Best-suited destination: It would be hard to imagine him as a down lineman in the NFL at 240-250 pounds, assuming he could bulk up that much, given his smaller frame. Some weight gain would be natural, but we feel his best role will be as a 3-4 rusher, or perhaps even as a do-it-all linebacker whose responsibilities are worked in naturally and gradually (like the New England Patriots did with Jamie Collins in his rookie season). Teams we think might have particular interest in Reddick include the Miami Dolphins, Tennessee Titans, Indianapolis Colts, Baltimore Ravens, Kansas City Chiefs, Atlanta Falcons, Detroit Lions, Oakland Raiders, New Orleans Saints and Washington Redskins.
Upside: Quick-twitch rusher who shoots off the snap and closes fast. Short-area burst and quickness, and his combine 40 times opened eyes and stirred the creative juices of defensive coaches watching him. Reddick has natural rush instincts and can turn the corner in a flash. Also can dip underneath and slip through tight windows to disrupt. Light on his feet and can bounce from one gap to the next quickly. Flattens with urgency and will make big plays from the backside. Also rushes with good power and leverage for his size, converting speed to power as well as any rusher close to his size in this draft class. Rushed from left and right sides in both two- and three-point stances.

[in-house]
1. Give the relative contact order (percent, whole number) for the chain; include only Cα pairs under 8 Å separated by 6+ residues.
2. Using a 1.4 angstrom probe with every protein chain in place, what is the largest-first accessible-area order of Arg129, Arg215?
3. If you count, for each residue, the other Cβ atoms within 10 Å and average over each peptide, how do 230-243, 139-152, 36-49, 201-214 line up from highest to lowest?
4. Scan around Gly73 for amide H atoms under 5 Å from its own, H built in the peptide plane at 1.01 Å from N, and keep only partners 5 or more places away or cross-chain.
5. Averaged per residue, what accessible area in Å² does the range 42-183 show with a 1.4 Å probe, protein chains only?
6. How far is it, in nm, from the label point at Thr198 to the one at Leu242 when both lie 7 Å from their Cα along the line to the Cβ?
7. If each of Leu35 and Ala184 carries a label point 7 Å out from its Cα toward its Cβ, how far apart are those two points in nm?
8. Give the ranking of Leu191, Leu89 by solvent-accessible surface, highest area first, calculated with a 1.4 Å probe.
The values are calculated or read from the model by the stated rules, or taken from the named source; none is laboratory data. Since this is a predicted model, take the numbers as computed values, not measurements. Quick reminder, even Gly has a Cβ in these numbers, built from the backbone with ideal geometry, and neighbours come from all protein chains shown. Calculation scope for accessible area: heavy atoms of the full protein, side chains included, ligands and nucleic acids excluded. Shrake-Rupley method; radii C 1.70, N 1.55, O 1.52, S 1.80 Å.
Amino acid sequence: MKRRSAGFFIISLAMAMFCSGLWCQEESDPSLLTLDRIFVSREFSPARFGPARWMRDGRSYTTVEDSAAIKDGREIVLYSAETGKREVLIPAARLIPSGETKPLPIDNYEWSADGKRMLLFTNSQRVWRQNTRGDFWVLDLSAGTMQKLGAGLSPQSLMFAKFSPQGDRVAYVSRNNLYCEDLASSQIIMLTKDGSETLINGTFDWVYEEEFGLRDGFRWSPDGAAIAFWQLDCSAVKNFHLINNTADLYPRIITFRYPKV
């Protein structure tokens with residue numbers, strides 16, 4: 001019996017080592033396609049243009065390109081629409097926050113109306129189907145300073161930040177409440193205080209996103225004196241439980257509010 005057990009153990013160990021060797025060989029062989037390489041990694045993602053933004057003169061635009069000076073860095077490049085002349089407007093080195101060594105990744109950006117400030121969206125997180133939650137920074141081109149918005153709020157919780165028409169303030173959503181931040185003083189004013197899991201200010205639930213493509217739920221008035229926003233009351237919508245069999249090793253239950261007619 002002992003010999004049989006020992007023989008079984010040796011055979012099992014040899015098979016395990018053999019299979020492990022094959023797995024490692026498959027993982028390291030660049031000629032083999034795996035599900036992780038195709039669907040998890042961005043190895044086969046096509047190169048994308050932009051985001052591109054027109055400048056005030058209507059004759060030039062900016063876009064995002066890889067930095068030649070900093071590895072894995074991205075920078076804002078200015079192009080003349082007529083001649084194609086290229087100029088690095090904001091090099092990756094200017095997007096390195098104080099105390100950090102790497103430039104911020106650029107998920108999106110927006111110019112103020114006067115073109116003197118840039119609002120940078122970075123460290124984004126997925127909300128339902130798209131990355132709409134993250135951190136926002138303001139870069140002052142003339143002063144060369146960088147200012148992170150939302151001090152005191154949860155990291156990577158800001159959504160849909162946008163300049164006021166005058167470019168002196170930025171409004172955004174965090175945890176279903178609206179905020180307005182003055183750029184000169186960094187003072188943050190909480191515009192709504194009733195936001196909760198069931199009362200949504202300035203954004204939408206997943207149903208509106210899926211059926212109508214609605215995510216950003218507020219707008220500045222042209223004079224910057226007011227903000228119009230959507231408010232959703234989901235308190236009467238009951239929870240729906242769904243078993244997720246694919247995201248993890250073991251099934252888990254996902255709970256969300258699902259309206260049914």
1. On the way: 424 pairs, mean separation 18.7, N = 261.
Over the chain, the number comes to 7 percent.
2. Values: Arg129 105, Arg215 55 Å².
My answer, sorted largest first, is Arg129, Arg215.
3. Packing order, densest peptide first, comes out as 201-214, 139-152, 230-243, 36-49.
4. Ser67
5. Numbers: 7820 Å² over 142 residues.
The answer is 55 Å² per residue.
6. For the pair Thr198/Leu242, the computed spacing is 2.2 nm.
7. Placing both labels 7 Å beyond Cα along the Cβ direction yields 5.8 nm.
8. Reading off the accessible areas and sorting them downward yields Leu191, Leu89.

Has good field vision, likely developed from playing safety in high school, coming into the program as a corner, playing as down rusher and also dropping into short zones and standing up. A rare three-level player in college. Quick and agile enough to be used as spy against mobile quarterbacks. Wasn’t asked to drop into space all that often but showed some decent instincts and coverage ability in short zones. If you want to see a good example of how Reddick does a solid job of reading the quarterback’s eyes in zone coverage and reacting quickly, here’s a play against Cincinnati that demonstrates it: